TL;DR what’s the most efficient way to input imperial measurements?

After living in the bliss of the metric system for the vast majority of my career I now live in Canada. Yes, it’s supposed to be metric but that’s all a lie. The construction industry here is still stuck in the dark ages and I have a big project coming up.

So, with SketchUp in metric (mm) I cruise around modeling away happily, left hand on 3D mouse or shortcuts and right hand smashing mm numbers into the VCB. Great. When it comes to imperial my hand has to use Shift+’ to get the inches and type a load of ’ and " and / everywhere. It really jars my buzz… man!

How do you do it? Should I learn decimal inches? (that concept itself is totally nuts!)

Ya; I’ve been using fractional units, but the difference between typing some numbers in mm and inches is tedious, 0000mm vs 00’11 2/3" … you know what I mean!

So you use decimal inches and just convert them from fractions in your head? Maybe I should print out a conversion table and stick it to my monitor!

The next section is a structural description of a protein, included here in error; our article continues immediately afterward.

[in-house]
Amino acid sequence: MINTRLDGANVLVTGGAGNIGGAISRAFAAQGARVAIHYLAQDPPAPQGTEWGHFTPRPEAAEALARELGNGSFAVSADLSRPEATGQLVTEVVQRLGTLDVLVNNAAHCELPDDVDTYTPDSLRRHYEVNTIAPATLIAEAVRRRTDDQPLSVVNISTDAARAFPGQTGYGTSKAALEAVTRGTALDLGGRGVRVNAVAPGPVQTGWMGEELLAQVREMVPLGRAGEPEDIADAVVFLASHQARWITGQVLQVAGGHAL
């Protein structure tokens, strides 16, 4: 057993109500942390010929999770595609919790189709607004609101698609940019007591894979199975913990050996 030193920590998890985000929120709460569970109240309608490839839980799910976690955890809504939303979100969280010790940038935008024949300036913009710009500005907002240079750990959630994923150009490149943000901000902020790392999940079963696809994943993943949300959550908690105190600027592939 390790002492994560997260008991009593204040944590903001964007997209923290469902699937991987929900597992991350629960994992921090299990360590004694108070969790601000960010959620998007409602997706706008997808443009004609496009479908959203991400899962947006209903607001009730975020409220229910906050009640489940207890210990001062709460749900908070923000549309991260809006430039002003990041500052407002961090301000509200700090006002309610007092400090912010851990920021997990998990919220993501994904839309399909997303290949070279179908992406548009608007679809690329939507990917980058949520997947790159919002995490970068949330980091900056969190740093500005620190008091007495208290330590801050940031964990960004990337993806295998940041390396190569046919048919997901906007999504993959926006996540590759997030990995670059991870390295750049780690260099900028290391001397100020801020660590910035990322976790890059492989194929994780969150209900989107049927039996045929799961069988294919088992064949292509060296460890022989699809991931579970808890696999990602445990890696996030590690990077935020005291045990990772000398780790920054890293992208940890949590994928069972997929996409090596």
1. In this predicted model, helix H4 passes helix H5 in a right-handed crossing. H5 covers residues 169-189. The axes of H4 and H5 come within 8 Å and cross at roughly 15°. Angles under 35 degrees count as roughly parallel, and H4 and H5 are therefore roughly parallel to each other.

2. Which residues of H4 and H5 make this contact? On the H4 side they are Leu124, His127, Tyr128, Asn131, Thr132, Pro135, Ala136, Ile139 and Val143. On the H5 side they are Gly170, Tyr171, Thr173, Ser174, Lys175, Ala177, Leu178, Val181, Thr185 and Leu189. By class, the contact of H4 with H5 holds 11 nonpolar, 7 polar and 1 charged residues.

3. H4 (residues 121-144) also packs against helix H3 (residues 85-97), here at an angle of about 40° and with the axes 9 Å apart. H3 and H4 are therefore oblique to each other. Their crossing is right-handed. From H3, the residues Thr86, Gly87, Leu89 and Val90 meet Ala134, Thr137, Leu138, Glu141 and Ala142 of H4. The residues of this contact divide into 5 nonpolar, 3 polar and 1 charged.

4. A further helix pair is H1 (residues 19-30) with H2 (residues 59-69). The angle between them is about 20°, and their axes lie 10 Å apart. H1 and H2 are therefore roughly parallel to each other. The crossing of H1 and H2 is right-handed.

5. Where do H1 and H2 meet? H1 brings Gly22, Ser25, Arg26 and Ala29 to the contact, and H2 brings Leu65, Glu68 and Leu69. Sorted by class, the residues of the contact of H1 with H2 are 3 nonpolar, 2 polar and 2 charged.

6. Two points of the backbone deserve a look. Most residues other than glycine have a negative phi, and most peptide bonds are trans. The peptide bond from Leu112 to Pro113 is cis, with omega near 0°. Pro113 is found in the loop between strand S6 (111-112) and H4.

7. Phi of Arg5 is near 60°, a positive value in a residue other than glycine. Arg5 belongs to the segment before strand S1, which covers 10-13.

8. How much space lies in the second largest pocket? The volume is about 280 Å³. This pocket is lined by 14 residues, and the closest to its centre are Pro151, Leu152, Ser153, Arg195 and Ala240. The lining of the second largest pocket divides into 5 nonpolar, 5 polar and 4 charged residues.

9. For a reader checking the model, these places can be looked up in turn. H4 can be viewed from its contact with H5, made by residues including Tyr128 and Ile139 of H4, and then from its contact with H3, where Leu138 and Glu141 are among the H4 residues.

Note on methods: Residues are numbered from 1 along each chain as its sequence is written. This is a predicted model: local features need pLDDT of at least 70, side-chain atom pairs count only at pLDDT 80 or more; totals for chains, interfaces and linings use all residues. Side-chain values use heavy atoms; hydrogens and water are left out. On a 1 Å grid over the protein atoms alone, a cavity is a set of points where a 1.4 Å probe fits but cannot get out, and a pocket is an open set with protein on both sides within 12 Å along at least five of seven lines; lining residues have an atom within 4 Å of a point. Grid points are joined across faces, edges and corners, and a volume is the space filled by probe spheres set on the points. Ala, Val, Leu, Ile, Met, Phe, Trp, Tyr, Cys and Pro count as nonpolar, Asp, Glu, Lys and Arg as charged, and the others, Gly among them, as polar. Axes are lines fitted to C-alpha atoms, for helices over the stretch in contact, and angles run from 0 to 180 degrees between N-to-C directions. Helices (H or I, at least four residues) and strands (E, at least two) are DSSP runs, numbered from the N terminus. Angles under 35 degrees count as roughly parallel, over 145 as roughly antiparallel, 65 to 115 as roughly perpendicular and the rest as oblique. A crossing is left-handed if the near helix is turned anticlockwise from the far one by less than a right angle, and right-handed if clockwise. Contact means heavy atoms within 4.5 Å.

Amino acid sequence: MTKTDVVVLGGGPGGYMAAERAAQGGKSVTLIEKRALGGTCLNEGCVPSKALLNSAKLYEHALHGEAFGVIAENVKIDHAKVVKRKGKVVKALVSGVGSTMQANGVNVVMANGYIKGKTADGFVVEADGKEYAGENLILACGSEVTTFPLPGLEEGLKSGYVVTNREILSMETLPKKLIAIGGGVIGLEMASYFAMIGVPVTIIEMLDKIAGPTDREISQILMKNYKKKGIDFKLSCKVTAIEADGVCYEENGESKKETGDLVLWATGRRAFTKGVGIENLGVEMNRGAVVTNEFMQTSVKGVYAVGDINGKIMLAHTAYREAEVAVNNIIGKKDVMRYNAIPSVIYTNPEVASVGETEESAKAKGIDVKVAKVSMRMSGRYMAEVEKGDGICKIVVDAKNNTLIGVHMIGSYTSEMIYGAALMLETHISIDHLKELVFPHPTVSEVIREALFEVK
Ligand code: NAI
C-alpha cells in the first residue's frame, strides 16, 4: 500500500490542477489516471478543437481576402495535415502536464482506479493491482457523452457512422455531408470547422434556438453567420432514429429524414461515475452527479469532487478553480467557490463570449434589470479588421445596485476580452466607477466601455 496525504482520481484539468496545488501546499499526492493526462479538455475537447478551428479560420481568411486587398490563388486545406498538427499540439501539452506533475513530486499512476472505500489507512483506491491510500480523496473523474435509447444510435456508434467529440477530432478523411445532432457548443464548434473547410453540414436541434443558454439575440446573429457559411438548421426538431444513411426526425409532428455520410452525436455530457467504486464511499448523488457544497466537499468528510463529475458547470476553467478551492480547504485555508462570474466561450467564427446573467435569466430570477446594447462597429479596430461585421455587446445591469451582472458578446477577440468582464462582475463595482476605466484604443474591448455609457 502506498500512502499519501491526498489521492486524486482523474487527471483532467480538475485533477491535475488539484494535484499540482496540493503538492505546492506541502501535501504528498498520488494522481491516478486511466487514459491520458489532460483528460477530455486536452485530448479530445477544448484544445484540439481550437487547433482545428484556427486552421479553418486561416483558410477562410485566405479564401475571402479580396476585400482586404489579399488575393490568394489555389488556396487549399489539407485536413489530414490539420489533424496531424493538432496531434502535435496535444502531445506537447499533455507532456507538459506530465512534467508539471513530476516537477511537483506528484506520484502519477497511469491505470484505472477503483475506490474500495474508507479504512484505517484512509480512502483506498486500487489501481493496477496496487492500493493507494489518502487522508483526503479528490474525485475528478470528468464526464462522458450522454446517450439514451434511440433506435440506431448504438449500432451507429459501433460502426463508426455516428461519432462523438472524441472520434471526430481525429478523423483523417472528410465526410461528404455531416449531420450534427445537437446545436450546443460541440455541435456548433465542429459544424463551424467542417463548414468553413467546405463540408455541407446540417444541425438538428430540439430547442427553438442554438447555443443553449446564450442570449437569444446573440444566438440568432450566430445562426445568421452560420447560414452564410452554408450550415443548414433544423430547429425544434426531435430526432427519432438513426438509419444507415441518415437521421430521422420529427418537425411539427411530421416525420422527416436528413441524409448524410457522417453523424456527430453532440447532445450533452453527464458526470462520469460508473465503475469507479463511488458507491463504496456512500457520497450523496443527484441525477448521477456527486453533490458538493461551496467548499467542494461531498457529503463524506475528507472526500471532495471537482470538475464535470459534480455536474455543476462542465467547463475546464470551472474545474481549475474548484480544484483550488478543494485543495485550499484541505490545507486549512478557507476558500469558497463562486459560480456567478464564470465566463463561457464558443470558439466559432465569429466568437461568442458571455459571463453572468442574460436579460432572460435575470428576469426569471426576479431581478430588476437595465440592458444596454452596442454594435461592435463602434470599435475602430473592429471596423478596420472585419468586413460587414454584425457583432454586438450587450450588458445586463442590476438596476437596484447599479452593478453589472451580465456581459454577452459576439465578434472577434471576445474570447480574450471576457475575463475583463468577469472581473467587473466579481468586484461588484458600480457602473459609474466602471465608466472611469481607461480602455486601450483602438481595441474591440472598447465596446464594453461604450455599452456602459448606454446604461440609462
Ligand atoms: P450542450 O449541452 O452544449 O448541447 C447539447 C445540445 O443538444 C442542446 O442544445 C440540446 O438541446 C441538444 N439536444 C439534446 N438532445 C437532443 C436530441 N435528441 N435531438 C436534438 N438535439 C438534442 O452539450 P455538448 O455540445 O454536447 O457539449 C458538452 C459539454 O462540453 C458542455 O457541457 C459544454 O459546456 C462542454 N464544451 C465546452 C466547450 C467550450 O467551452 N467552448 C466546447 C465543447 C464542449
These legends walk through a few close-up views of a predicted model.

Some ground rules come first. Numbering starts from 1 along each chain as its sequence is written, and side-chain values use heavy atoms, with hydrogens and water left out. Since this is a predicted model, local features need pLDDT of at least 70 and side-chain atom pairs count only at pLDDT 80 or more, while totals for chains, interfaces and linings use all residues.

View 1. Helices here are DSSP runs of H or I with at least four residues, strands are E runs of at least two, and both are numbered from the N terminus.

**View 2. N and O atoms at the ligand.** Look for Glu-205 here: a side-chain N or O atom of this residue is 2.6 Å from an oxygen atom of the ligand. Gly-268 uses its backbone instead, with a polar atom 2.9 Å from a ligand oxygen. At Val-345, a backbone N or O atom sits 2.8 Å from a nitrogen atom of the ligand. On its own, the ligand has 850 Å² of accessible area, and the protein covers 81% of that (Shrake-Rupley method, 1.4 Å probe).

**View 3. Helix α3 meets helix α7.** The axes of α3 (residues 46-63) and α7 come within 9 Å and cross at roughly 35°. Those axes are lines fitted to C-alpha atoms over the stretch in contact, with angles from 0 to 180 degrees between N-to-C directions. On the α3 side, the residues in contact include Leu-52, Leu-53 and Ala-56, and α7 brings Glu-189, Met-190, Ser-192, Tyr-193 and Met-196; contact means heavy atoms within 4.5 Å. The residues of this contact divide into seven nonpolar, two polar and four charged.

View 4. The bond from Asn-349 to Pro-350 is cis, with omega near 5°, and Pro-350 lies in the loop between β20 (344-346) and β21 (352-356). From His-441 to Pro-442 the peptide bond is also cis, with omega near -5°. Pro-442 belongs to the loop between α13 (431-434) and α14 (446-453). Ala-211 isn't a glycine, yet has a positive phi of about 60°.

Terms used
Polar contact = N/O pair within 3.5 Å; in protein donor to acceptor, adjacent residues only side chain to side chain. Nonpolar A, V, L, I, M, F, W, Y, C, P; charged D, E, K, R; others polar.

If you set the units to Architectural or Fractional, you only need to type 11 2/3. No units entry required. (Do those Canucklians work in thirds of an inch? ) For something over a foot you can either type it all as inches, i.e. 34, or you can type it as 2’10. No spaces required and no inches because they are implied.

Then for the few metric dimensions you can type mm, cm, or m as needed.

Mostly yes. If I’m not sure what the decimal equivalent is, I use the fraction. I can work the number keypad on my keyboard without looking at it so it’s quicker to enter decimal equivalents if I can.

That’s not a bad idea. You’ll get so you know most of the commonly used ones in short order.

As a Canadian woodworker I use feet and inches just for contracts but switch to mm in the work shop. Since I support plugins I support fractional inches, decimal inches and mm.

Best example is laying out curved stringers for stair cases. Say we are using 5/8" plywood, 2 X 12 floor joists and standard 2 X 4 studs. This works out to a total rise of 9’ 1 1/4" which is 2774.95 mm

You want a 15 riser stair which works out to 185 mm. or 7 9/32"

Laying out risers in mm is easy. In inches it is a headache.